Scrum Guide and Scaling: Part 4 - Scrum Artifacts

Scrum Artifacts
Submitted by Peter Beck on 03/24/2015

Scrum artifacts or process documents provide guidance or links in the process framework.

4.1 Product Backlog

The Product Backlog is the core artifact of Scrum. In larger organizations management of the Product Backlog is unnecessarily complicated. What are the key messages, what are the rules for a Product Backlog, which also apply in scaled environments?

First of all, there is only one product backlog. For this there is a very clear statement in the Scrum Guide:  

The Product Backlog lists all features, functions, requirements, enhancements, and fixes that constitute the changes to be made to the product in future releases. […,] Multiple Scrum Teams often work together on the same product. One Product Backlog is used to describe the upcoming work on the product. A Product Backlog attribute that groups items may then be employed.


Such a grouping attribute is useful for filtering the Product Backlog in different scenarios:

  • During the estimation process by an appropriate development team;
  • During the Sprint Planning to make clear the team division;
  • In general, to mark Product Backlog items that belong together.

4.2 Sprint Backlogs

As already described in the section Sprint Planning (Part 4.2.2) development teams develop and update their work plan for the next Sprint in the form of a Sprint Backlog. As a rule, each development team works with its own Sprint Backlog in their daily Scrum, as can be inferred from this quote:

The Sprint Backlog is a plan with enough detail that changes in progress can be understood in the Daily Scrum.

Can not there be a common Sprint Backlog for all Development Teams? This could increase the complexity of the coordination, on the other hand it could provide greater transparency with respect to the common supply. The Scrum Guide says nothing about it. The Sprint Backlog consists of the Product Backlog items selected for the current Sprint as well as the implementation plan of the team. If the Development Teams decide to have a common implementation plan, they are responsible for that. The challenge of the Scrum Master is therefore to present alternatives to the team and to support the self-organized work in alignment with other development teams and the Product Owner.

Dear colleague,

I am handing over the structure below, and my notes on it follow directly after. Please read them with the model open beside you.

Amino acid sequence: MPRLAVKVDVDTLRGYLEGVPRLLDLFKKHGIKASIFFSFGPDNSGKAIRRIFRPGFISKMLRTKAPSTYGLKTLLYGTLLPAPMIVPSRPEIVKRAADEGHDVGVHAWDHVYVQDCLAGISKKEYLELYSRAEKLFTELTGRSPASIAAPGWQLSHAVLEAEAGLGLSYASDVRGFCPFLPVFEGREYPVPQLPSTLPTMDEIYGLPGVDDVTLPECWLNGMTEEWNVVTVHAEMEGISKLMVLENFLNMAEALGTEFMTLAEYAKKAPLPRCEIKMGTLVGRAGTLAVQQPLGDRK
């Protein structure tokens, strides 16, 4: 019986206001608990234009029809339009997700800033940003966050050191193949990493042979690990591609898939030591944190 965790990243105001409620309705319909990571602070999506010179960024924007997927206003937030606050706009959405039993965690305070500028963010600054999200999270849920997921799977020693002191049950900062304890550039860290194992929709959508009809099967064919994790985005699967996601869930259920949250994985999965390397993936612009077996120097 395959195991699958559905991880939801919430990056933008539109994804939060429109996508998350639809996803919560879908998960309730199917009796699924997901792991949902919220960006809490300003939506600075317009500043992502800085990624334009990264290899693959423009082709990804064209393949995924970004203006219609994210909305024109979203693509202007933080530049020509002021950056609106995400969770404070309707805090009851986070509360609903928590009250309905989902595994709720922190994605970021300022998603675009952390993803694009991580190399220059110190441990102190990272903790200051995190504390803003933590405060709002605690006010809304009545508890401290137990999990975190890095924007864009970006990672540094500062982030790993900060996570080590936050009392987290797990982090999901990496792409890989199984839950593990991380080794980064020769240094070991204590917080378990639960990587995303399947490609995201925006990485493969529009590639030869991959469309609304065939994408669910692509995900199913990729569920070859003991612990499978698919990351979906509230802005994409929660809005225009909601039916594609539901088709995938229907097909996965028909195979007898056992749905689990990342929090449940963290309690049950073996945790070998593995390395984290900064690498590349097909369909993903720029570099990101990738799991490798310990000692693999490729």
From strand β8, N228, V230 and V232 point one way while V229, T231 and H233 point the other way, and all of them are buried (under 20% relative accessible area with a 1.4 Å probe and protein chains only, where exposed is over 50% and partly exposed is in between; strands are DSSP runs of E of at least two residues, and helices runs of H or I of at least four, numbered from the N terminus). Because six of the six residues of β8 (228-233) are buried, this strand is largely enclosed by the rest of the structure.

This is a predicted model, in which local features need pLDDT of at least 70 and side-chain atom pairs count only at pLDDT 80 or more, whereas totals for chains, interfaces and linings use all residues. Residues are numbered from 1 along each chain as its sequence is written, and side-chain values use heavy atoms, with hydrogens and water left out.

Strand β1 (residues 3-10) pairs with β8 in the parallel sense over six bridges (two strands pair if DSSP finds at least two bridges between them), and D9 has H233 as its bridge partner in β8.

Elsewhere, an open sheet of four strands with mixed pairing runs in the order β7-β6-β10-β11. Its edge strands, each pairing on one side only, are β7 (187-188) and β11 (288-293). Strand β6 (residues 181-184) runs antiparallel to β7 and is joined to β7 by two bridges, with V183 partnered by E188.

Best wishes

4.3 Increment

The Increment is the sum of all the Product Backlog items completed during a Sprint and the value of the increments of all previous Sprints. At the end of a Sprint, the new Increment must be “Done,” which means it must be in useable condition and meet the Scrum Team’s definition of “Done.”

If multiple Scrum Teams work on a product, then the rules for this product organization apply for them as they do for a single Scrum Team. This means in particular that the Product Owner gets a single - thus fully integrated -  Increment at the end of a given Sprint.

It is quite possible that some aspects of the product Increment will be reviewed with the respective Development Teams in a scaled version of the Sprint Review. Despite this, there is only one product in a product organization according to Scrum, and after each Sprint, there is an Increment of this product in potentially deliverable state.

4.4 Artifact Transparency

The Scrum Master’s job is to work with the Scrum Team and the organization to increase the transparency of the artifacts. This work usually involves learning, convincing, and change. Transparency doesn’t occur overnight, but is a path.